great lil review; wanted to try to answer a few of your questions in your spoilers
WARNING: "hope this helps" spoilers below
Neil's father grew up poor and worked to get the money to get his son into a school that would get him a far better life. The idea of his son doing something that was going to put him in the poor house JUST WOULD NOT do. Also, he didn't have the "words" to tell him this. He was just terrified for his son making a huge mistake and got enraged/protective.
Also, this wasn't something Neil wanted to do on the side for fun. It was what, he felt, he was born to do. And when he couldn't "be" that... well, nothing else would matter.
Richard did firmly believe if Neil simply "went along" with what he was told to do and the life that was being prepared for him, he'd still be alive. Richard Is a VERY practical and conservative person. He played it safe when he didn't follow along. Which is also why he kept his head down at the very end. The courageous act would never be him and he wasn't happy about that truth and would not change it. Hence, remaining in his chair.
And, finally, the disciplinary action was a pretty common thing during that time, but I can understand how it "didn't fit" for you.
__________________
They say: that after people make love there's a kind of melancholia, the petite mort, the little death. Well, I'm here to tell you, after a romantic night with yourself there's a very acute sensation of failed suicide. ~Dylan Moran





Wings of Desire (Der Himmel über Berlin) (Wim Wenders, 1987)
Imdb

Date Watched: 04/15/17
Cinema or Home: Home
Reason For Watching: 13th HOF, CosmicRunaway's Nomination
Rewatch: No.


Well, that was... that was something. Something that I didn't like. Something that seemed to drag on endlessly. I mean, don't get me wrong, I'm not necessarily against films that are quietly contemplative. When done well it can be a very moving and emotional experience. But this wasn't that. It wasn't that for me at all.

From a visual standpoint, Wings of Desire is absolutely gorgeous. Whether the scenes were in black and white or in vivid color, the images were breathtaking and evocative. I also really liked the basic concept of the film and felt there was some definite potential in it, but my praise for it really ends there.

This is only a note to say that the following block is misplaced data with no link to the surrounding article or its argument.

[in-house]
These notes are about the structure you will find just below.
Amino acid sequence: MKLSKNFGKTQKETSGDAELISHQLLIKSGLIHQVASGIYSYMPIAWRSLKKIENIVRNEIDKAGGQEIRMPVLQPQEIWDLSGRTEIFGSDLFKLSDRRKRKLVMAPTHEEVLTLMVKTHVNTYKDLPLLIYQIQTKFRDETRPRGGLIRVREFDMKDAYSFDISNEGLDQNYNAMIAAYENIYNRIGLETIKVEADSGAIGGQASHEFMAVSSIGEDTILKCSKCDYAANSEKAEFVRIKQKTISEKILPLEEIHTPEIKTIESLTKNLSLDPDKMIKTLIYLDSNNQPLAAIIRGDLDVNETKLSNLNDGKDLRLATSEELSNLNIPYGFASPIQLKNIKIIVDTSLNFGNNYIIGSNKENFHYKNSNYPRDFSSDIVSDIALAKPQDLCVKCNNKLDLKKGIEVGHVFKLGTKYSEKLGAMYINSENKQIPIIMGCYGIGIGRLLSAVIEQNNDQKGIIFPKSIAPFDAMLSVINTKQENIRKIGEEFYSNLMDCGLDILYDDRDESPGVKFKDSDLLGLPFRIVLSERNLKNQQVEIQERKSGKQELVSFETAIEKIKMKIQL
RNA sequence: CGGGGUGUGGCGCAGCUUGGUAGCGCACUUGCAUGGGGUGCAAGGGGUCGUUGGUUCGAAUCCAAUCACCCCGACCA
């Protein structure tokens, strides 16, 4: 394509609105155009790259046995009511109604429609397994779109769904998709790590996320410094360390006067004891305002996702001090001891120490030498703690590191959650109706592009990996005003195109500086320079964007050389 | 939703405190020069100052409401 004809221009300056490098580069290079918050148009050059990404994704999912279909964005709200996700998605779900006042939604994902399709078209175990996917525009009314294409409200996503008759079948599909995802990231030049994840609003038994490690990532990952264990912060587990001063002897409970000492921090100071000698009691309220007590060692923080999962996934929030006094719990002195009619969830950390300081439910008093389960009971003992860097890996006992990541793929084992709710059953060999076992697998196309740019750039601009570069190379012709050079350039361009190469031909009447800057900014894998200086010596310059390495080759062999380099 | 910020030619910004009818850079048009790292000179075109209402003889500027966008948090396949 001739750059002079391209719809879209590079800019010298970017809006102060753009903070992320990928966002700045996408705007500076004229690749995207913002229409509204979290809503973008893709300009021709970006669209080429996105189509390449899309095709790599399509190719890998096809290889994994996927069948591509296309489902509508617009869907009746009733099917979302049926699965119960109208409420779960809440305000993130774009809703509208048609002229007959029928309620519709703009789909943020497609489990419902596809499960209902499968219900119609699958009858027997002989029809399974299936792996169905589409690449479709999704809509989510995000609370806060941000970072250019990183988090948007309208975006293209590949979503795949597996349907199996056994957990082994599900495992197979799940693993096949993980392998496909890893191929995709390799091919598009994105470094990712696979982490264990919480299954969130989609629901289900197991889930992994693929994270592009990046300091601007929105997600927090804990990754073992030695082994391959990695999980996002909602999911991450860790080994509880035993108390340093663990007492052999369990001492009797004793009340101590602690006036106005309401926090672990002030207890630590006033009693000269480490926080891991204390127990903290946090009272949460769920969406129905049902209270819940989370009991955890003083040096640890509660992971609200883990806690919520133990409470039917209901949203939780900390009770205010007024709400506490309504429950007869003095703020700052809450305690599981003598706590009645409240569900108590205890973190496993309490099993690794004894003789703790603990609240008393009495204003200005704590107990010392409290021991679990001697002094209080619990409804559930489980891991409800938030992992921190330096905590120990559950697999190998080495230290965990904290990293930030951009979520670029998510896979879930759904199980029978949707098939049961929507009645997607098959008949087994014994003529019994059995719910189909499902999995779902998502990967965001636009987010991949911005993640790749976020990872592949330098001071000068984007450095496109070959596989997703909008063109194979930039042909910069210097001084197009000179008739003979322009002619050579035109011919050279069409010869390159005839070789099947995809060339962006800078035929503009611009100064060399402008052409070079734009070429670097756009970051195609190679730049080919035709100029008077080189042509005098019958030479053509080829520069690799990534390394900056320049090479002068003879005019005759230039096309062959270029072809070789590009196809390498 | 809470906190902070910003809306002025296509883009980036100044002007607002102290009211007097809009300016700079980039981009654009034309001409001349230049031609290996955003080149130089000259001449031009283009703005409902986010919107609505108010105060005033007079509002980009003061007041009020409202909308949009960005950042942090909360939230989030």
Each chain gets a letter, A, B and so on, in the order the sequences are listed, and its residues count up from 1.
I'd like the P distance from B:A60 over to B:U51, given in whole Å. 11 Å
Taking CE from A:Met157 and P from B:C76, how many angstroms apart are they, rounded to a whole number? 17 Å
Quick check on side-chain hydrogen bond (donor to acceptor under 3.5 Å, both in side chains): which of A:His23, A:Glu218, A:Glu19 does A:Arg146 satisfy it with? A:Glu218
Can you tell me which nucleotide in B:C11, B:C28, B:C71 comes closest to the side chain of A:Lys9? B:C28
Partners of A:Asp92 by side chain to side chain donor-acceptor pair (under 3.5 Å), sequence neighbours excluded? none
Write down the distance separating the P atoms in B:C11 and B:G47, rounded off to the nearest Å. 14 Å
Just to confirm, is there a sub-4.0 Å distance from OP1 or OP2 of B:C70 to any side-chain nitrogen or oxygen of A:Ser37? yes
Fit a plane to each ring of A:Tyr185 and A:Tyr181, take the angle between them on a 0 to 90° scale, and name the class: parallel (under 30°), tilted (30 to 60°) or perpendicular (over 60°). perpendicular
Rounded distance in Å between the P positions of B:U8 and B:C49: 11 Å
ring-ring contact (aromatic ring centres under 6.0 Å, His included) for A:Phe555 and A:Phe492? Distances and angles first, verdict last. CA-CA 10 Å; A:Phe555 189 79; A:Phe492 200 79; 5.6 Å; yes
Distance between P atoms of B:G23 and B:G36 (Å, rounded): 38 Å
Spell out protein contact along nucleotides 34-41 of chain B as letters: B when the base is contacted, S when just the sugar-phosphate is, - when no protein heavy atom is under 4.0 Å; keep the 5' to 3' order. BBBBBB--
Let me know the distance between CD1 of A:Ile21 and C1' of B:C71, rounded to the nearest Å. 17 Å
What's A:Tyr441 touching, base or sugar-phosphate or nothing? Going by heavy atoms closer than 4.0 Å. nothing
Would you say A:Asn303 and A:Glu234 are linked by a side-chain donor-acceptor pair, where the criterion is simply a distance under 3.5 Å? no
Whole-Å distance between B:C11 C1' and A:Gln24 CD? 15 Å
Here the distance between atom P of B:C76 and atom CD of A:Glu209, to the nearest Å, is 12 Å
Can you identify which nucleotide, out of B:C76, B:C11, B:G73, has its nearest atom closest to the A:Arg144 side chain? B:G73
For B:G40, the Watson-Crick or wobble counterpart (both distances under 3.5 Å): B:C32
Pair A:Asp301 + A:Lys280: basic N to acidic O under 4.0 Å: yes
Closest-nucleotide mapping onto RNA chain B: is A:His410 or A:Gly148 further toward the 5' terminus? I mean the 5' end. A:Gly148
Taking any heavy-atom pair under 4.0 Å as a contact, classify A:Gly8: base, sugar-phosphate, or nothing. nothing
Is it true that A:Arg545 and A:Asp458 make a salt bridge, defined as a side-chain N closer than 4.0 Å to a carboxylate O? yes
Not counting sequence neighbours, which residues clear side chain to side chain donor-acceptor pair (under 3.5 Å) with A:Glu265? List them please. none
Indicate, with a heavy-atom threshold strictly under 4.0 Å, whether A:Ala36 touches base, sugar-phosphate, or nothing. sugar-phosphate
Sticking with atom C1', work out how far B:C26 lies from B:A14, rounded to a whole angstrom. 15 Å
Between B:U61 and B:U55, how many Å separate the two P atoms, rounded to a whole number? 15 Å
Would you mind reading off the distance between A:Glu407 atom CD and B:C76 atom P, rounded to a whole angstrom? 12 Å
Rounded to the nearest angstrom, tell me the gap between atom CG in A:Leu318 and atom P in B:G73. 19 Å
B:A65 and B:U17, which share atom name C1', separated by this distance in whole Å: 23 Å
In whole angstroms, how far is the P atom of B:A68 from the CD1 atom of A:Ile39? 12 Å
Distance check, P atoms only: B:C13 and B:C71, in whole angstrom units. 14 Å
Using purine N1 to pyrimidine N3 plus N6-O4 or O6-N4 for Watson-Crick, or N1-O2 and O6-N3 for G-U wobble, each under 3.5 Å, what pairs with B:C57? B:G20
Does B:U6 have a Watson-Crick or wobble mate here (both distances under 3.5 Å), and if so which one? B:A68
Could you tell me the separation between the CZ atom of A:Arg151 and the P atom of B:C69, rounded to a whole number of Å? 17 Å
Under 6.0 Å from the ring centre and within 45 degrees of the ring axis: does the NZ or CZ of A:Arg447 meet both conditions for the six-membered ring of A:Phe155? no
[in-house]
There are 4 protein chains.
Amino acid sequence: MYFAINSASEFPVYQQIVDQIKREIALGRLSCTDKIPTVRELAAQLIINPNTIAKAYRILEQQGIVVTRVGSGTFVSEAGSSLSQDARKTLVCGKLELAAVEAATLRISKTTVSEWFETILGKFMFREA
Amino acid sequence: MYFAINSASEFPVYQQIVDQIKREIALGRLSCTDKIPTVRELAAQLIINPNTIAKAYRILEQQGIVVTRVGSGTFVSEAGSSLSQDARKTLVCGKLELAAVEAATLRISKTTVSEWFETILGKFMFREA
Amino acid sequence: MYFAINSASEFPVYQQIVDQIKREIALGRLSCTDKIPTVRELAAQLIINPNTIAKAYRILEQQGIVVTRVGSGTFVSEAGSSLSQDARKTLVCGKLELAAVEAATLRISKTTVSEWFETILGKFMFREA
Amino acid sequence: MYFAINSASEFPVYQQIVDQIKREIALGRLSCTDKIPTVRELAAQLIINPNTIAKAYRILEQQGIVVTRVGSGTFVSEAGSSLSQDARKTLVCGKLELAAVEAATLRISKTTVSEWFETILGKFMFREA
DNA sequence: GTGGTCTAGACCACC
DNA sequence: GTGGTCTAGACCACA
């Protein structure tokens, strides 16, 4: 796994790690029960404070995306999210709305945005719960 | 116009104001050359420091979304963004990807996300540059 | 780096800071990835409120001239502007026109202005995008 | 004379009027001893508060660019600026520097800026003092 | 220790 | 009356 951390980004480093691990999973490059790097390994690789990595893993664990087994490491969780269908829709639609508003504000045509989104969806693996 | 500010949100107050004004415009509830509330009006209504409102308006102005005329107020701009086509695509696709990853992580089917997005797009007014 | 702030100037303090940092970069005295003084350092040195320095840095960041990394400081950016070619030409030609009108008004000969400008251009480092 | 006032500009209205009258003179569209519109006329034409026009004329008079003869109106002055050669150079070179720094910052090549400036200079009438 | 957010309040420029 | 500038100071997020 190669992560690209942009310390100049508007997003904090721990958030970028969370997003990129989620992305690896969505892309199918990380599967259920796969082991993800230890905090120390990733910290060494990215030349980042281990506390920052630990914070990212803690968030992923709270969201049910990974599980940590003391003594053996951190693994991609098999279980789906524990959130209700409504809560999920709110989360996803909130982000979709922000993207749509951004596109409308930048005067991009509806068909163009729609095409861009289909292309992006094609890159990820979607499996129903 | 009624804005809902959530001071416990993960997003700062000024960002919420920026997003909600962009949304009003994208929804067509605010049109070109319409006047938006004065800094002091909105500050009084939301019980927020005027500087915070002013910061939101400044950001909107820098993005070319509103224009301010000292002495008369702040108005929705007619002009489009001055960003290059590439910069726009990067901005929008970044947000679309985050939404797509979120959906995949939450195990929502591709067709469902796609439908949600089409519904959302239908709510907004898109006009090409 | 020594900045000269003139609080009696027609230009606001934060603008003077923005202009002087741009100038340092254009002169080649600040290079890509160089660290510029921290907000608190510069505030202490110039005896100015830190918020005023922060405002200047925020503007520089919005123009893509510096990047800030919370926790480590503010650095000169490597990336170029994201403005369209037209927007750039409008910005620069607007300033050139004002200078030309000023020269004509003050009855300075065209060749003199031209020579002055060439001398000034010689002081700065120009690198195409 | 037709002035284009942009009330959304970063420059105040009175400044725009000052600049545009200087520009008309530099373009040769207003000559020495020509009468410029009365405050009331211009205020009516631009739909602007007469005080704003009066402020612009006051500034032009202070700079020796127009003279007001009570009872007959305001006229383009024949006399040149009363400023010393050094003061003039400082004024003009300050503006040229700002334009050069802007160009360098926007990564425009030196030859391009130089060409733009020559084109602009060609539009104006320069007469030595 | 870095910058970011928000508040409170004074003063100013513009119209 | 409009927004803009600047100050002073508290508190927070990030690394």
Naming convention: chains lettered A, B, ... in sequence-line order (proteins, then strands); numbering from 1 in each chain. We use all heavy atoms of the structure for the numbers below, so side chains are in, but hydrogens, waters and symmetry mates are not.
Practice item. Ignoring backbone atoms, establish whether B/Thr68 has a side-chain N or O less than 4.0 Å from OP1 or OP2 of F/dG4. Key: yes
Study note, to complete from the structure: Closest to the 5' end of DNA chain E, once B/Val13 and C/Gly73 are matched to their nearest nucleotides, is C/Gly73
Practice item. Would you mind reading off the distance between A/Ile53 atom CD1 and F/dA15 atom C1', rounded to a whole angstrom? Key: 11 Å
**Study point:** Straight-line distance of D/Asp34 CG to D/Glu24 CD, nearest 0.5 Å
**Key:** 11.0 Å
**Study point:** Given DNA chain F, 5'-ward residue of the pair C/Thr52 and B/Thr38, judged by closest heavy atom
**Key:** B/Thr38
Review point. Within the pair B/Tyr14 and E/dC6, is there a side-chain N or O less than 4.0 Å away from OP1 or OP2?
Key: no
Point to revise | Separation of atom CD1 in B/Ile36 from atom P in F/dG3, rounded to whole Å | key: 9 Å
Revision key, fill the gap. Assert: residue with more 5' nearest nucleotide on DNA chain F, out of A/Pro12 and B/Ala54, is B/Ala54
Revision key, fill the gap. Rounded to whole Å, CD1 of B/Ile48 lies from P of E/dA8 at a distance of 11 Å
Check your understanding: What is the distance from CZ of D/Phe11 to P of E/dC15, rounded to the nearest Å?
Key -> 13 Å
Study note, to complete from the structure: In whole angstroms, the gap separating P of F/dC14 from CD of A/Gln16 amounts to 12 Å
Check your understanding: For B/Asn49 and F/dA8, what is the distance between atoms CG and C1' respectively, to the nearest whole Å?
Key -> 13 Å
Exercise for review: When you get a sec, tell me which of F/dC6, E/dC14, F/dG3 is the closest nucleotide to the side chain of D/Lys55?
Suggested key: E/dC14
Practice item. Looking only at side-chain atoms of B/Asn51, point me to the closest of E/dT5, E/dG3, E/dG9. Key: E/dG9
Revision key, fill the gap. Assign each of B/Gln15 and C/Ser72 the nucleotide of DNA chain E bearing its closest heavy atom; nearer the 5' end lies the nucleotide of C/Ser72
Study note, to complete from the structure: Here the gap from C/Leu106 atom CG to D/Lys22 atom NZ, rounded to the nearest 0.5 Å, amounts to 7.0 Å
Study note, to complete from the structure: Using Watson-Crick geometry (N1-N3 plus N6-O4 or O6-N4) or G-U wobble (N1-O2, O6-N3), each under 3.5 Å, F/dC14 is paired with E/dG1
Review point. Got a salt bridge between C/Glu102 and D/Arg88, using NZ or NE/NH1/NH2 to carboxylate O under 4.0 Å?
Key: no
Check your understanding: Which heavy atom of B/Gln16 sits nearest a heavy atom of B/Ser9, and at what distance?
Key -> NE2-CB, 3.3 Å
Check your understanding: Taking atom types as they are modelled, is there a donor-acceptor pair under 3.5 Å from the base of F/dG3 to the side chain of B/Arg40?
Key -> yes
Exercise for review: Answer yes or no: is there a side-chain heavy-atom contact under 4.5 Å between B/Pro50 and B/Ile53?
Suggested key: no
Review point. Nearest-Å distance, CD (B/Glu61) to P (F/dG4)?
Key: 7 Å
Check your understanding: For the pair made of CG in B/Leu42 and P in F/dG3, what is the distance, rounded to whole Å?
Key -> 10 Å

The constant repetition of certain phrases ("When the child was a child..."), the near total lack of humor, and the endless droning of people's ridiculously melancholy thoughts combined to nearly eliminate my interest in it. I felt every damn minute of its two hour run time and actually ended up taking a break about 2/3 of the way through. I get that there is beauty in most things, including sadness and despair, but I really didn't buy that the rather narrow view of life that the film presented would be enough to ignite the angel's desire to become human. And, frankly, I found his lady love Marion to be not so much intriguing as irritating, particularly in the final scenes.




I just watched The Hunt. I wanted to get my write-up finished, but I didn't realize how late it was, so it looks like I'm going to be sleeping on it. Hopefully in the morning I'll have something more to say other than "children are awful, adults are worse" which is about all I have right now.
Curious to read your observations, Cosmic. I myself will save "The Hunt" for last, as it made me physically angry, the last time I saw it. Still a terrific film though.



I had a feeling this MAY be up your alley, very happy to hear that it was. The cast IS rather rich with talent. Cassel's nuances were brilliant. Like so many others in this.
And on a side note, in that photo is Geraldine Chaplin, first daughter to Charlie Chaplin's fourth wife, Oona, who stayed with Charlie for the rest of his days.
For the fights, I actually enjoyed that some aspects were more realistic, not so over the top. Specifically with Oliver Reed's Athos who fought like an ex-soldier would; what ever way works.
Interesting tidbit. I noticed the surname on the cast last, but haven't realized she was related to Charlie.

And definitely agree with the fights aspect. It was cool to see, how everyone had their own style of fighting. Like you mentioned Athos, with his scrappy and buldozing style, while d'Artagnan and Aramis fought more attractively and visually pleasing.

I also wanted to ask you about the sequel and how does it compare to this one? I think I'd like to check it out, at some point.